reduction in alcohol use in treatment samples is associated with reduced sexual
risk taking. Higher levels of alcohol use has also been shown to predict higher
incidence of infection and reduced time to seroconversion among gay men, and non-
adherence to medical regimens among  infected individuals. Although, there is
limited research among minority and impoverished women who are at increasing risk
for HIV infection, alcohol use by women and their partners has been linked to
increased sexual violence and susceptibility to HIV infection.
Alcohol-related HIV interventions are being tested among gay and bisexual men,
Native American youth, incarcerated young adults, and persons in alcoholism
treatment. Initial results after intervention and at follow-up suggest that a
wide range of HIV-risk behaviors can be reduced, particularly among gay men and
in alcohol treatment contexts. This research suggests that substance abuse
prevention and treatment programs that include HIV components are more effective
in reducing alcohol consumption and risky sexual practice than programs those
that do not contain these components.  Similarly, it appears that HIV prevention
programs that include an alcohol risk-reduction component may be more effective
in reducing HIV risk behaviors than those that do not.

Preventive interventions may be initiated and implemented by the investigators
themselves for the specific purpose of testing effects of the strategies; or the
interventions may occur naturally through the actions of public and private
organizations (e.g., reduction in availability and accessibility of alcohol,
increased distribution of condoms at bars, health promotion campaigns that
highlight linkages between alcohol use and AIDS).  Investigator-initiated
alcohol-focused interventions may also be nested within the context of naturally
occurring HIV interventions, such as vaccine trials, permitting the effects of
both types of interventions to be studied simultaneously.  These alcohol-focused
interventions can be aimed at individuals, social networks, institutions, and
specific alcohol settings such as bars and clubs, to change alcohol-related
sexual expectancies, behavioral norms, and HIV risk-taking behaviors. 
Populations at risk for HIV who also abuse or are dependent on alcohol are most
in need of study.  These special subgroups include alcohol abusing women and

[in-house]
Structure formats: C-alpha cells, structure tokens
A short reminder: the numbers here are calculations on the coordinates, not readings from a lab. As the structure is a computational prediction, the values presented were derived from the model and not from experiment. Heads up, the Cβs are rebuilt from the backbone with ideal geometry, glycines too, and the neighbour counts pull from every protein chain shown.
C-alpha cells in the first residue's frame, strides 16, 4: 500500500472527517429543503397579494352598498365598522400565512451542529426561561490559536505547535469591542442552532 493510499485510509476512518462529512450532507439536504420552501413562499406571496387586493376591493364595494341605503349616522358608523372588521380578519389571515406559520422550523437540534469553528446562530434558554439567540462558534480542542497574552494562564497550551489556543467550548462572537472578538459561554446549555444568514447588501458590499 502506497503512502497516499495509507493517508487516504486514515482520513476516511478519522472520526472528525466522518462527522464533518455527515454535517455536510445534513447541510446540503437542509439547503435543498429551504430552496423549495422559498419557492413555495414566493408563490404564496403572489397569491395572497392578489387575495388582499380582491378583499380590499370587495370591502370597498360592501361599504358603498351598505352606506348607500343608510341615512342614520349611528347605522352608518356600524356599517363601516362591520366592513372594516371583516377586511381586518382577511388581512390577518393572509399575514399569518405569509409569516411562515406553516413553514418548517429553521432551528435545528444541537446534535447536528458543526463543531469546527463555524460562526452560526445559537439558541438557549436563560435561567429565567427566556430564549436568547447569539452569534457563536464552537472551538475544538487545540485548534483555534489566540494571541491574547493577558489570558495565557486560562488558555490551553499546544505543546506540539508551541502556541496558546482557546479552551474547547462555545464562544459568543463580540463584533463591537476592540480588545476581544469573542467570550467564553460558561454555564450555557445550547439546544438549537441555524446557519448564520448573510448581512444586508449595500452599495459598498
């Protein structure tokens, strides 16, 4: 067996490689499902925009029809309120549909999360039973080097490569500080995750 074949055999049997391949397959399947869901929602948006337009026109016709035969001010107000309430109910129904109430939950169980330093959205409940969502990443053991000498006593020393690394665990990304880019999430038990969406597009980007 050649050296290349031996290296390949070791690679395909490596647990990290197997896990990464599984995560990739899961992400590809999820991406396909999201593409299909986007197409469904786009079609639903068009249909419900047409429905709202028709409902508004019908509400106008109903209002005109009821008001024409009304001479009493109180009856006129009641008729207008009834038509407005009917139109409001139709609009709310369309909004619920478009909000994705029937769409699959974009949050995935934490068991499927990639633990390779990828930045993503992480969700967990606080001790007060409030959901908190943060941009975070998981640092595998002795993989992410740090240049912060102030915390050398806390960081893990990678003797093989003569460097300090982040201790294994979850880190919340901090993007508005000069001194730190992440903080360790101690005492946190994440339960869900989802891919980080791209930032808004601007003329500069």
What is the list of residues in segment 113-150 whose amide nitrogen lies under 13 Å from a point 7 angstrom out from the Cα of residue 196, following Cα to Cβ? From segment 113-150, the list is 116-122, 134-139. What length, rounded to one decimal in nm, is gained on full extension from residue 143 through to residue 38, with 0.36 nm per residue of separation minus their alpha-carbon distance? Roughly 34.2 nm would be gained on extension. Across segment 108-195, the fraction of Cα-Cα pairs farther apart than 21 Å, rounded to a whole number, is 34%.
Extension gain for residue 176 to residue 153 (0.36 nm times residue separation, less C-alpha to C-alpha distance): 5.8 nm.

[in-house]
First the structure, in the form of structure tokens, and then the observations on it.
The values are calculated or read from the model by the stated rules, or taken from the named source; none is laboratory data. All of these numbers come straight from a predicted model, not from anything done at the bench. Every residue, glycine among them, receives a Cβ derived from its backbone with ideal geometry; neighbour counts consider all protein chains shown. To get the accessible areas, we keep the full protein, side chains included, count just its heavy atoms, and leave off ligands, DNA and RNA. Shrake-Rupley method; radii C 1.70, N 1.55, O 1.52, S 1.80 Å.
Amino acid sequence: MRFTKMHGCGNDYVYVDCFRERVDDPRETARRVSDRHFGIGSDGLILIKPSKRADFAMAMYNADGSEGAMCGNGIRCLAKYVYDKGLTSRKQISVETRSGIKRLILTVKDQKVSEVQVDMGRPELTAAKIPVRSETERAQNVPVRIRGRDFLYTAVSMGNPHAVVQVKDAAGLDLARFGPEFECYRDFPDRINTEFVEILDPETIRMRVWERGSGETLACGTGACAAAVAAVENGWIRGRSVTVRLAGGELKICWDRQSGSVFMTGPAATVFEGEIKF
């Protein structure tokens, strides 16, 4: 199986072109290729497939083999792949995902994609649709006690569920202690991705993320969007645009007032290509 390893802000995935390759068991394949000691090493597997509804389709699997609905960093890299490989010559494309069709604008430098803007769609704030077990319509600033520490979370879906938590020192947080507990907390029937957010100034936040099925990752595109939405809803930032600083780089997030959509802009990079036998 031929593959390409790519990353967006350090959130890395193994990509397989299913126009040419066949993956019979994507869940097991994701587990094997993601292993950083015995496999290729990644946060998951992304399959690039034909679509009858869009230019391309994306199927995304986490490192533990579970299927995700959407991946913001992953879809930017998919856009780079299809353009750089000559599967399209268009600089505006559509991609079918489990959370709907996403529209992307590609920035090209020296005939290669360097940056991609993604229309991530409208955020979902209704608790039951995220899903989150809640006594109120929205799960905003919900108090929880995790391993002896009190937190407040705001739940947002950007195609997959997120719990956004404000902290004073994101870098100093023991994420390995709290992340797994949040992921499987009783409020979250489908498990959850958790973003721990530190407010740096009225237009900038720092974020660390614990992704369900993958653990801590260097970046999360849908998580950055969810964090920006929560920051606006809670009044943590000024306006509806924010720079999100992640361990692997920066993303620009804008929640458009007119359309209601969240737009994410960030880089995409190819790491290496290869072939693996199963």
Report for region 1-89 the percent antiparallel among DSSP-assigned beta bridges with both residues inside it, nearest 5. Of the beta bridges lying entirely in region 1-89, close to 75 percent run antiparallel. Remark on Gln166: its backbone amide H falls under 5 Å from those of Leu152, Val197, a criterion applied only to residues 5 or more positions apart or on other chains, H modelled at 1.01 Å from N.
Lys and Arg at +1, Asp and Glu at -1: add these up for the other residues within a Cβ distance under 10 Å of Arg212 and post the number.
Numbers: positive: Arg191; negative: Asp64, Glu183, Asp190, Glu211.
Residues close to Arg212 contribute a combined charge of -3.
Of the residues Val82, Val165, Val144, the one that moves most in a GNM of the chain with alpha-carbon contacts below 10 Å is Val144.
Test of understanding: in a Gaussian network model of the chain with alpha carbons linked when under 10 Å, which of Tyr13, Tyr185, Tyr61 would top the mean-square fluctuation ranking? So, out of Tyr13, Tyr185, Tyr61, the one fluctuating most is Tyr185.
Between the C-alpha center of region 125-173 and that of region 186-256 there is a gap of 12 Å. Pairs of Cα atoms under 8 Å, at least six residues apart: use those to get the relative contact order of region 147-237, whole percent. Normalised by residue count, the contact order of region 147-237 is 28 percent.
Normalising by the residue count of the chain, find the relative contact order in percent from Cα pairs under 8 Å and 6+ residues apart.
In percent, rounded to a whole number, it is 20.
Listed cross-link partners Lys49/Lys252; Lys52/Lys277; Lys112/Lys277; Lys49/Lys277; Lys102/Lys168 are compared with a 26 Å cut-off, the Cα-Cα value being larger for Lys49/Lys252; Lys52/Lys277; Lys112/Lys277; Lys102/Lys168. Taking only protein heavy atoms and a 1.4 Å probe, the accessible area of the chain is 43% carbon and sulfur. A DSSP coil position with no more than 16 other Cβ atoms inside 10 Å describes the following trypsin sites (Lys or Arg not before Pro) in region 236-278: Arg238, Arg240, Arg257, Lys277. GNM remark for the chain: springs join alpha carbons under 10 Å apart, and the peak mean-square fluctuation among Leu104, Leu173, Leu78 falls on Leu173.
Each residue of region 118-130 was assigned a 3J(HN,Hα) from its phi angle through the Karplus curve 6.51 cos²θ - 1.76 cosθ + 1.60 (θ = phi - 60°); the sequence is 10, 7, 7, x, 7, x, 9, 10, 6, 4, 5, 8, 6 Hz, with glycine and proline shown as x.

minorities, gay or bisexual men, male and female alcoholics in treatment, and
adolescents initiating sexual behavior in the context of drinking in which HIV
is prevalent.  Other groups of interest that may be indirectly affected by
alcohol use include partners and families of HIV-infected alcoholics.

In addition to developing and testing new investigator-initiated interventions
or measuring effects of naturally-occurring preventive policies or programs,
timely and cost-effective approaches may include:

a) developing additional HIV interventions within the context of clinical studies
to address alcohol-related problems (e.g., improving adherence of alcohol abusers
to therapeutic regimens involving protease inhibitors).

b) augmenting ongoing alcohol-problem intervention studies to include HIV
infected or at-risk populations and adapting the intervention to address HIV
issues in this subgroup (e.g., including HIV-risk populations in comparisons of
brief motivational counseling and cognitive-behavioral interventions).

Several areas of emphasis for particular high-risk groups or innovative
approaches to multidisciplinary research may be appropriate for proposed
intervention studies.  These include, but are not limited to:

o  Hard-to-reach populations:  Alcohol abusers often delay entering medical
settings where they could be identified as needing appropriate interventions and
are often difficult to retain in controlled clinical trials. Such difficulties
in attracting and retaining alcohol-abusing individuals may have particular
significance for the testing and evaluation of HIV vaccines and therapeutics. 
New interventions need to be developed to attract and retain individuals at
extremely high-risk for alcohol abuse and HIV infection, and new research designs
and analytic strategies need to be developed to adequately evaluate these
interventions in settings in which high rates of attrition may occur. 
Intervention strategies might, for example, include more informal and culturally
relevant drop-in clinics, and different analytic procedures, such as case-control
or case-based designs may be necessary to test the effects of these interventions
on such variables as HIV exposure, alcohol abuse, and retention in vaccine or
therapeutics trials.

o  Health-Care Systems: Increasing attention is being paid to the role of health-
care systems and professionals in preventing alcohol-related problems before they
occur, in facilitating early detection of alcohol-related high-risk behaviors,
and in providing appropriate treatment.  Experimental and quasi-experimental
designs may be used within health-care settings to test the efficacy of
preventive strategies.  These strategies may include risk assessment, brief and
more extensive advice, case monitoring, and improved linkage to services for
alcoholics in treatment or for HIV-infected individuals with alcohol problems.

o  Application of Basic Behavioral Research to Interventions:  A wide range of
preintervention studies have addressed the relationship of cognitive and
physiological effects of alcohol use on high-risk sexual behavior.  These studies
have measured the effects of alcohol-related sexual expectancies, physiological
disinhibition, decision making while intoxicated, and affect regulation.  Theory
driven interventions need to be developed that take into account these recent
findings concerning high-risk behavior under conditions of intoxication.
Components of interventions can be designed to rigorously test the mediating
effects of key theoretical constructs.

o  Media/Communications:  Ongoing research is needed to assess the efficacy of